Posts Tagged ‘milton erickson’
Forty years ago, on March 25, 1980, Milton H. Erickson, MD passed away. Erickson is known as the father of modern hypnosis and one of the greatest psychotherapists of the 20th century.
Born in 1901 in a log cabin in Aurum, Nevada, and raised on a farm, Milton Erickson’s modest lifestyle was evident throughout his remarkable life. At 17 he contracted polio, and for decades to come, until his death at 78, he suffered many physical ailments due to what is now known as post-polio syndrome. He had muscle deterioration, double vision, loss of coordination, impaired hearing, and chronic pain. He was also colorblind. But instead of wallowing in his own suffering, he utilized his maladies to benefit others. He lived by example. He was happy to be alive and brought this sense of joy and triumph over his physical limitations to his therapy. Milton Erickson was the quintessential “Wounded Healer.”
By Mike Moss, MBACP
I recently presented a workshop called “Building Bridges,” held at a conference organized by the UK Association for Solution Focused Practice. As a counselor and psychotherapist trained in solution-focused brief therapy and person-centered therapy, I felt compelled to offer a workshop that would explore an imagined bridge with Milton Erickson on one side and Carl Rogers on the other. Although there are differences between these two master therapists, I wanted to focus on their similarities, to try and understand how they inform my practice. In this article I hope to offer a taste of some of the concepts I explored.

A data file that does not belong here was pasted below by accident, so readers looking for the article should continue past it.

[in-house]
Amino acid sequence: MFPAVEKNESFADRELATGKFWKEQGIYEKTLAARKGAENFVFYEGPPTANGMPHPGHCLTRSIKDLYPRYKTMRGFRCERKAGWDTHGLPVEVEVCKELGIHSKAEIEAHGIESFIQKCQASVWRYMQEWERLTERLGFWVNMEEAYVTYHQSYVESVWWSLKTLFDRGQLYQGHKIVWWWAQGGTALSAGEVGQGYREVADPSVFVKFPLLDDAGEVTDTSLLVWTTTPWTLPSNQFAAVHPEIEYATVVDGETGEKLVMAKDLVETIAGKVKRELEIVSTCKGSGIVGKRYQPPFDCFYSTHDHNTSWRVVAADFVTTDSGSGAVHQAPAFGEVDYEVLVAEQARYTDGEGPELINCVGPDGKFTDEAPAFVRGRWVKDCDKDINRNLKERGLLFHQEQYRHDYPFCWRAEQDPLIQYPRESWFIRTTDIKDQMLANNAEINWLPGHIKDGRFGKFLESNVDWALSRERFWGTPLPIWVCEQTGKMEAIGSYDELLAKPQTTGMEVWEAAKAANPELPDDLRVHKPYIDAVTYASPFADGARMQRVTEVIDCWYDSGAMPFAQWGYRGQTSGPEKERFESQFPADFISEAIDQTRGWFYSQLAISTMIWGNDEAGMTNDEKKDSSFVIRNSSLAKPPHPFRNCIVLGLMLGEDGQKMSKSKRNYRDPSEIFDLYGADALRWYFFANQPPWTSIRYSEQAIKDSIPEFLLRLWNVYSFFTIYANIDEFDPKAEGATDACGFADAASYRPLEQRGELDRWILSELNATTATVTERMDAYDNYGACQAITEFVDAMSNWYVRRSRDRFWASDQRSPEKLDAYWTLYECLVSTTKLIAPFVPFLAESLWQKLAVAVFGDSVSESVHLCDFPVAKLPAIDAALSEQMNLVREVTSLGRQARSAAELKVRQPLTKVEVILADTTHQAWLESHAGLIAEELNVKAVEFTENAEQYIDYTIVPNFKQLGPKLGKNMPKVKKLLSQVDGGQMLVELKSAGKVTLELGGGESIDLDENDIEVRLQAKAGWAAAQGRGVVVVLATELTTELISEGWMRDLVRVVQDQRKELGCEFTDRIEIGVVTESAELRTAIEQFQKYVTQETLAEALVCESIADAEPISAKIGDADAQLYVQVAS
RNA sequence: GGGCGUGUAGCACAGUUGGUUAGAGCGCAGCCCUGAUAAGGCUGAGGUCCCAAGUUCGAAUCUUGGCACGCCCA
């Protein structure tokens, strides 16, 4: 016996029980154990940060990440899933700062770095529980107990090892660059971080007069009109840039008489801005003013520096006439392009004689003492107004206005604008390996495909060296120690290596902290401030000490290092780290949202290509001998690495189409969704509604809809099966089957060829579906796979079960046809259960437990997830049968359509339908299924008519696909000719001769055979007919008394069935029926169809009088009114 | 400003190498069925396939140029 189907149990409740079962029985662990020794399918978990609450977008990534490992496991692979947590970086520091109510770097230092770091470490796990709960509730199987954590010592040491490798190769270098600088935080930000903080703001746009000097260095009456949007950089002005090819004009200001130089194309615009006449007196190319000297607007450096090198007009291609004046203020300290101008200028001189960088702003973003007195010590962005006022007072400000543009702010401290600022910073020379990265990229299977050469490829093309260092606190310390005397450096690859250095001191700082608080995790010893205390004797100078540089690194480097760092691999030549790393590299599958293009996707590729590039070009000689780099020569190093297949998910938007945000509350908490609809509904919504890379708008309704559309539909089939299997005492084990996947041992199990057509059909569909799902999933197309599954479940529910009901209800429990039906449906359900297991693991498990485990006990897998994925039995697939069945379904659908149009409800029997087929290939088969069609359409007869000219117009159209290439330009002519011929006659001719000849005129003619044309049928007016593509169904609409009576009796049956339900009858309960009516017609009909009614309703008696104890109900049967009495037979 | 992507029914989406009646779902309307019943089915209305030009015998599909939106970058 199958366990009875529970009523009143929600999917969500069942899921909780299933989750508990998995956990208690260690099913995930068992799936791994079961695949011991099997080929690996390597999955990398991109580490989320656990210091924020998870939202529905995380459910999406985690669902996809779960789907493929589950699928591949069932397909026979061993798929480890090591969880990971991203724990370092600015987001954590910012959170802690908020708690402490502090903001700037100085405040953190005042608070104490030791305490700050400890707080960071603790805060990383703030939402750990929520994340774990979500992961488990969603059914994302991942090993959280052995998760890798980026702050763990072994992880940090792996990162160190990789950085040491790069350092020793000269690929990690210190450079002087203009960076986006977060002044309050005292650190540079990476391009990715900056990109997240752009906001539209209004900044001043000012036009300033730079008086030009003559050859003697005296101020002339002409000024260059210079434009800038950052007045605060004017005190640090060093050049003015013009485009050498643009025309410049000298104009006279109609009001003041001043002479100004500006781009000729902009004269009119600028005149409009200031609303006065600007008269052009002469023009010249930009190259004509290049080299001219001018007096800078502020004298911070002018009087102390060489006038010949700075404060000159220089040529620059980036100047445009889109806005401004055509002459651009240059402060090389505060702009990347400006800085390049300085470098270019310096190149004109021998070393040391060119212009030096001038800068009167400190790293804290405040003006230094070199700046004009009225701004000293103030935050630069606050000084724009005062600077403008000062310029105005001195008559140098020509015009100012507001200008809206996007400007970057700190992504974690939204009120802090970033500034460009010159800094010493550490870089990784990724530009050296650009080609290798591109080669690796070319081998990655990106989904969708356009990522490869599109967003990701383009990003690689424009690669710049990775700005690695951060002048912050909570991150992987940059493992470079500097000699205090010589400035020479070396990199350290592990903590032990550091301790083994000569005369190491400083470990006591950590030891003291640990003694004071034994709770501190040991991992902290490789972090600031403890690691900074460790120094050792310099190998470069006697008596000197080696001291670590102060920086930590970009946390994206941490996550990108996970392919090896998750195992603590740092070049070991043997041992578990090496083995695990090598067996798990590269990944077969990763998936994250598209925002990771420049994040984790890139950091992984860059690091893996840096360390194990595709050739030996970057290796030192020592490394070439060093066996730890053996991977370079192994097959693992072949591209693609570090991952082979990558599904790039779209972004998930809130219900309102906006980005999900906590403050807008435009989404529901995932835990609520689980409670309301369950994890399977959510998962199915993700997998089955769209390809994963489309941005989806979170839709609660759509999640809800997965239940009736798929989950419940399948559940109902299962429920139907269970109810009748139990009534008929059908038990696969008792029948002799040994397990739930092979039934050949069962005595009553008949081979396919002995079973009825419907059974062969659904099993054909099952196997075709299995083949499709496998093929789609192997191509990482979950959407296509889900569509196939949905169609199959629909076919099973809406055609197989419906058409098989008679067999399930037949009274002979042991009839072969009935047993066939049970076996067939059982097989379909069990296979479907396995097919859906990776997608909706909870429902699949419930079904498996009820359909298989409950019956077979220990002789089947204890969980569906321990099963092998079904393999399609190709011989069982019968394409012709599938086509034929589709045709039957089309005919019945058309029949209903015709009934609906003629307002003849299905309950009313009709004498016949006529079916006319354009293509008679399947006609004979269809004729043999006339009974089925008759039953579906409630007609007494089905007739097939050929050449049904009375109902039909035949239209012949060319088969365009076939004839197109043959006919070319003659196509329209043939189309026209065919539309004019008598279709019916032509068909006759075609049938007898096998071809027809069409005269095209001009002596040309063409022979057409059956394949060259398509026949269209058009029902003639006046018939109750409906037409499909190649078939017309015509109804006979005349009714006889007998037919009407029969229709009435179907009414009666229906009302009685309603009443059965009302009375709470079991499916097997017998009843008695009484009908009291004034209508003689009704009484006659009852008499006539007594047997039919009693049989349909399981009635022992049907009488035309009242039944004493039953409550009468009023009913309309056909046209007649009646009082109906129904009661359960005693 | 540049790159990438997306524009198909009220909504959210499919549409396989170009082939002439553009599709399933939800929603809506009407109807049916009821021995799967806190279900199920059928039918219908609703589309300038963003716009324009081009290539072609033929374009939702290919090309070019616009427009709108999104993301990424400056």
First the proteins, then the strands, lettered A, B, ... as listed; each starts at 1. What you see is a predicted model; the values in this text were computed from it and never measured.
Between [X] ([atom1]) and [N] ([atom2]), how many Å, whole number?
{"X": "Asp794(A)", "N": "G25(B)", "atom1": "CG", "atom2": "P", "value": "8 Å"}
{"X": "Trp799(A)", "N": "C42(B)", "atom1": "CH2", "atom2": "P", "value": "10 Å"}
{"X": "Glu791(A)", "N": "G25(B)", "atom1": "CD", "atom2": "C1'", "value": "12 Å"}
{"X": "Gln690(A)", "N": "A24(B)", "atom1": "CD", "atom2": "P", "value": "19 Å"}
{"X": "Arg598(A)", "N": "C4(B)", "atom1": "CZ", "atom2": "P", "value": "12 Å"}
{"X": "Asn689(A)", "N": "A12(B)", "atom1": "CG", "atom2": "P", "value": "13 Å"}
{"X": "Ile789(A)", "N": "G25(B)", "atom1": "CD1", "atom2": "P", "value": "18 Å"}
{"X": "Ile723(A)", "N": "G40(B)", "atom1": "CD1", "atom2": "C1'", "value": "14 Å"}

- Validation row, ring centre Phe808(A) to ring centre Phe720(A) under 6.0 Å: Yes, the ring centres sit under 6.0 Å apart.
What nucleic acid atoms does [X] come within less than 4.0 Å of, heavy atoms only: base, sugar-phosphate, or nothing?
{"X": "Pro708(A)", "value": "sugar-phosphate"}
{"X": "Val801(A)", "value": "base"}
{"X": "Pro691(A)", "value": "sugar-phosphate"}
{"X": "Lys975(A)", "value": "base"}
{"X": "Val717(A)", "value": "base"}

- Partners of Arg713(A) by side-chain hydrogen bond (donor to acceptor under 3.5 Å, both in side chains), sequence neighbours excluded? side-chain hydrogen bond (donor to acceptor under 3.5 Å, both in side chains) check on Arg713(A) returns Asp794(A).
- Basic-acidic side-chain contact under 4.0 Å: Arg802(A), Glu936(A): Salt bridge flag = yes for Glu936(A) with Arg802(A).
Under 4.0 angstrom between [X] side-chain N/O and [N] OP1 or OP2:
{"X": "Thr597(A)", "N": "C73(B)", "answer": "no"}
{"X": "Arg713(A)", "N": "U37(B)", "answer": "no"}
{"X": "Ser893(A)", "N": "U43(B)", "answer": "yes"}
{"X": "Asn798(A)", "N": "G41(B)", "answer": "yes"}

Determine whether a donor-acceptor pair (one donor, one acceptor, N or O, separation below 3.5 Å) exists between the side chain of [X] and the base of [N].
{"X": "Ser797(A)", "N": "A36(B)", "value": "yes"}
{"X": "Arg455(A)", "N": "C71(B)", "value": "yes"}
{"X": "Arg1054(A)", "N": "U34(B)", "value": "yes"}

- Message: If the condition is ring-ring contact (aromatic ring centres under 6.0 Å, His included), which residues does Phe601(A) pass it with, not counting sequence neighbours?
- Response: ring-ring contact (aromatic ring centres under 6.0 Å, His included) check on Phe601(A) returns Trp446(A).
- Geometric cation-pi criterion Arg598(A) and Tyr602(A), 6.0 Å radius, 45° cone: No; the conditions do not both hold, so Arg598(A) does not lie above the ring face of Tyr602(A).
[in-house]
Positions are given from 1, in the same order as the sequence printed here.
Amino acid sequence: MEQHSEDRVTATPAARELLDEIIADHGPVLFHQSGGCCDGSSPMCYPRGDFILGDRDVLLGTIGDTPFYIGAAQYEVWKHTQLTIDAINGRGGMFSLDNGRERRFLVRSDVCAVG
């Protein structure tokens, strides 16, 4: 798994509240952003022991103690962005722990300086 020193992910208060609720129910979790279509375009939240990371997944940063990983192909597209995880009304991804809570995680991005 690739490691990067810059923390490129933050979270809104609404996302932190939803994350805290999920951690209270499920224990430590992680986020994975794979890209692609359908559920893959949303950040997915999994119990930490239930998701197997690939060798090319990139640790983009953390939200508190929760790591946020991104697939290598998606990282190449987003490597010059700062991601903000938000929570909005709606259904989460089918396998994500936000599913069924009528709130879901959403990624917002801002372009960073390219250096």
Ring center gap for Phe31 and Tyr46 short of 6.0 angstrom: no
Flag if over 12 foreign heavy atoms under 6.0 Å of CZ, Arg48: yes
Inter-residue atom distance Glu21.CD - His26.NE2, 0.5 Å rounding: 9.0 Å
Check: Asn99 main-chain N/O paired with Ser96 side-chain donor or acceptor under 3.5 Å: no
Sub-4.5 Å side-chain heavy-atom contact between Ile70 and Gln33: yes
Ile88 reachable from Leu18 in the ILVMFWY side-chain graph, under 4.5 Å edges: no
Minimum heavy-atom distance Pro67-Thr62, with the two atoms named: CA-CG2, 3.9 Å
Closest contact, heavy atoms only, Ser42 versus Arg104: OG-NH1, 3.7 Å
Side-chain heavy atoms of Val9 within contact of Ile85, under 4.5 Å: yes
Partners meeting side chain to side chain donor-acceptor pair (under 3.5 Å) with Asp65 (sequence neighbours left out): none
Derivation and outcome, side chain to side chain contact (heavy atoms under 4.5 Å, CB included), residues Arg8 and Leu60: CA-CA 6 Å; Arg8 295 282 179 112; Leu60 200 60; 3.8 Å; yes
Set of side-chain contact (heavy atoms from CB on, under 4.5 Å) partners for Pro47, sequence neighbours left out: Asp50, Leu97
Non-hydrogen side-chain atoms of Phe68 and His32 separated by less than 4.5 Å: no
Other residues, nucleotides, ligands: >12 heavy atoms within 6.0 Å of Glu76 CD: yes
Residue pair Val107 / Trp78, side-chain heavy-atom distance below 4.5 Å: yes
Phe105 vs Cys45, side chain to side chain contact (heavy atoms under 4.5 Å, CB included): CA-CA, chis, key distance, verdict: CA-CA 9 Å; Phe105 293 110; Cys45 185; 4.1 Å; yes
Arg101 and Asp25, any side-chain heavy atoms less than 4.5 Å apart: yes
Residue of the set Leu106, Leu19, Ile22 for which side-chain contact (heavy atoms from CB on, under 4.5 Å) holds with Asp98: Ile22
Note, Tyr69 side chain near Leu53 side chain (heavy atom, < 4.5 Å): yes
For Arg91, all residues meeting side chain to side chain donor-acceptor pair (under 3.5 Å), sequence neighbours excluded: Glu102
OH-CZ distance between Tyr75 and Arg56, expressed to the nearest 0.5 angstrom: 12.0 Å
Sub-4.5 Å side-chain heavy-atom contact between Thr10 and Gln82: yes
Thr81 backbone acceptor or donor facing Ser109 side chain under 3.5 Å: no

Sidney Rosen’s book, My Voice Will Go With You: The Teaching Tales of Mil- ton H. Erickson, offers a good analogy. (Rosen, 1982) I imagine Erickson on one side of a bridge calling out to his patients, “My voice will go with you.” And on the other side of the bridge, Rogers calling out to his clients, “Your voice will go with you!” → Read more